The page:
Turkish Parliament Tamps Down On Alcohol Sales
ROBERT SIEGEL, HOST:
Last week, Turkey's parliament passed a law aimed at curbing alcohol consumption. No alcohol may be sold after 10 p.m., none may be sold within 100 meters of a school, a mosque, a church or a synagogue. Turks will need permission to consume alcohol on beaches and in picnic areas and televised images of alcoholic drinks being consumed must be blurred.
This bill was championed by Prime Minister Recep Tayyip Erdogan's party, the AKP, a party with roots in political Islam. Hugh Pope is the Turkey/Cyprus project director for the International Crisis Group. He lives in Istanbul and has written and blogged about Turkey for many years and joins us now. Welcome to the program once again.
HUGH POPE: Hello.
SIEGEL: Now, I gather that a restaurant in your own neighborhood already has shown the impact of this new law.
POPE: Yes. I went to have a normal lunch and one of my guests ordered a beer and was told she couldn't have one. I think the restaurant was running scared, actually. I think they never had a proper license so they were taking some preemptive action since other restaurants, which have full licenses, have not yet changed their alcohol policy, but it's quite clear that there are going to be changes now. This is stricter regulation than we have ever had before.
SIEGEL: Now, a member of the Turkish parliament, from Prime Minister Erdogan's party, was quoted as saying the more alcohol, the more crime from violence to sexual abuse, 60 to 70 percent of accidents that land people in intensive care units are due to alcohol. He's pitching this as a public health measure, not a religious back to basics measure. Which is it?
POPE: Absolutely. They're even comparing this to a 100-yard law they say is in New York, and to Scandinavia and Russia as well. That may be the spin, but the blogosphere in Turkey and Twitter is alive and fizzing with angry secular-minded Turks who feel that their secular lifestyles are likely to change. I somehow doubt it's going to be that radical, but like everything in Turkey, so quickly becomes political and polarized almost a class war. The old rural Turkey which doesn't drink so much anyway, who don't mind about having no more drinks. But in the Westernized western cities of Turkey, people really do care about it. So it's fed into one of those fault lines of Turkish politics and has flared up more than anything else in recent months.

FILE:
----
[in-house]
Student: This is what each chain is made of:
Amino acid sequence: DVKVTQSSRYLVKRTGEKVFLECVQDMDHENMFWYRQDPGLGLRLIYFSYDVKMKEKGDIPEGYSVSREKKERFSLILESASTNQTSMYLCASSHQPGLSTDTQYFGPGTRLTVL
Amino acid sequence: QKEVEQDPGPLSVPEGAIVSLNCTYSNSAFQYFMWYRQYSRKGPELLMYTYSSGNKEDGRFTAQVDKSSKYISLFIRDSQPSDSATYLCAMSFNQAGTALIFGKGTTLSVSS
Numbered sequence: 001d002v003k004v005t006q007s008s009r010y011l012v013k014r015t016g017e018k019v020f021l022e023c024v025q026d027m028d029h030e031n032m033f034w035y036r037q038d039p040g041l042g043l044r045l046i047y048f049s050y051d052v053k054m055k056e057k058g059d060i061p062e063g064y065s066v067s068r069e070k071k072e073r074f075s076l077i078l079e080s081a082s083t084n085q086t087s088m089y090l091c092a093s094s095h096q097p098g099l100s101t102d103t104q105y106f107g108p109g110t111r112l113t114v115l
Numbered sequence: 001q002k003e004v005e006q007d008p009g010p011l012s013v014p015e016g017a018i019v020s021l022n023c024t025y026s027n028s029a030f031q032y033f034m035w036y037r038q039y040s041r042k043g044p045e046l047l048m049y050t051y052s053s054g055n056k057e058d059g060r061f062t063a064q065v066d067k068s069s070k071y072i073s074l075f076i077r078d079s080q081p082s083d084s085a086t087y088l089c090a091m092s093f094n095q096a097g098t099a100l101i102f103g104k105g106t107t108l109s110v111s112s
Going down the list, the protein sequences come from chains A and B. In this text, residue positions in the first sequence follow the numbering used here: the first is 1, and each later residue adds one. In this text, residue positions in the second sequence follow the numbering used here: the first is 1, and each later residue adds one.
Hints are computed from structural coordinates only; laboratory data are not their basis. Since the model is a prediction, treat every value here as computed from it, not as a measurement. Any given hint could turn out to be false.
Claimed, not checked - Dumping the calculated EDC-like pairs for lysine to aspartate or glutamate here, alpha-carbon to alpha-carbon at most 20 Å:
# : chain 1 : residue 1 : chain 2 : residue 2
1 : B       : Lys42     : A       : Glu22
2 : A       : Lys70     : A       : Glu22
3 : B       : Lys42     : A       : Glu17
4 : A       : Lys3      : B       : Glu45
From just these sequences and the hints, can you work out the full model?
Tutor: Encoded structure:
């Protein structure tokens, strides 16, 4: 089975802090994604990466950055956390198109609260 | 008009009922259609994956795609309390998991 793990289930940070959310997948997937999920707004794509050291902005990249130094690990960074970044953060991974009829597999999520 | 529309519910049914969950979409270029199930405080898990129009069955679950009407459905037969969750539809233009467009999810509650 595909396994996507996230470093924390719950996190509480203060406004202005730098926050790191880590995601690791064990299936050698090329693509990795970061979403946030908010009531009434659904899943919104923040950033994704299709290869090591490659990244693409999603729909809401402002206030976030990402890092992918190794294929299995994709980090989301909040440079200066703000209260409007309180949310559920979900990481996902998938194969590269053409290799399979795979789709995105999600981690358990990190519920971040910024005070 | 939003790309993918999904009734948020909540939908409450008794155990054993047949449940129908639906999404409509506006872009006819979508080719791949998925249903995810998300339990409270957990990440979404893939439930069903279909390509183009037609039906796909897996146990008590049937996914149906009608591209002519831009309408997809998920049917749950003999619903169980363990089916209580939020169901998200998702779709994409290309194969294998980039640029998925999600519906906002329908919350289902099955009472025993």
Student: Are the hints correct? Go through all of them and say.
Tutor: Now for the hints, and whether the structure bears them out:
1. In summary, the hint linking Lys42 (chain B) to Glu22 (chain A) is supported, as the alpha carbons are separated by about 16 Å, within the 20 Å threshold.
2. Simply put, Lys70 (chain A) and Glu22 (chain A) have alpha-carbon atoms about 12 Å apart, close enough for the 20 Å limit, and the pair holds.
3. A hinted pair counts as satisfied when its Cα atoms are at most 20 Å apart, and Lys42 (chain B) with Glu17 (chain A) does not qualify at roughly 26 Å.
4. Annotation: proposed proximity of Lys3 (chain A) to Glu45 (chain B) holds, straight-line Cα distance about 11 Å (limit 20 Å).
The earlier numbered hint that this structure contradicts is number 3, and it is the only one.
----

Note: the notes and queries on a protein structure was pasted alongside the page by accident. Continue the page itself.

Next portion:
SIEGEL: I suppose that for many Western-minded Turks who live in Istanbul, where you live, restrictions on the sale of alcohol don't smack of the European-ness of which Turks are proud and to which they aspire, even through membership in the European Union.
POPE: That's true. And the fact is that if you go up the Bosphorus on any given night, you'll find restaurant after restaurant after restaurant of tables of Turkish people drinking wine or raki or beer and not thinking twice about it. They feel no conflict between their European ambitions, their Turkishness, and they are also no worse a Muslim for having the occasional drink.
SIEGEL: Hugh Pope, in your blog, you have link to a map that somebody has drawn trying to figure out all the places that, I guess, are more than 100 meters from a religious institution or a school and it's a pretty spotty map.
POPE: Yeah, there's not much left for restaurants and bars, is there? And that's what makes me think that this is what in Turkey's often called an Ottoman law, that is a law which is simply unenforceable. And quite frankly, I had always supposed that there was a 100-meter law about this, but it was just no one ever tried to do it very hard.
And funny enough, we obviously have Syria on our minds a lot here and it turns out that in Syria, which used to be part of the Ottoman Empire, they still have a 100-meter rule. So in that sense, it's a bit of a restatement to something that already existed and it remains to be seen whether the local authorities are really ready to go head to head with some pretty tough restaurant and bar managers in one of the biggest tourist destinations of the world.
SIEGEL: Hugh Pope of the International Crisis Group, thank you very much for talking with us once again.
POPE: Thank you.
NPR transcripts are created on a rush deadline by an NPR contractor. This text may not be in its final form and may be updated or revised in the future. Accuracy and availability may vary. The authoritative record of NPR’s programming is the audio record.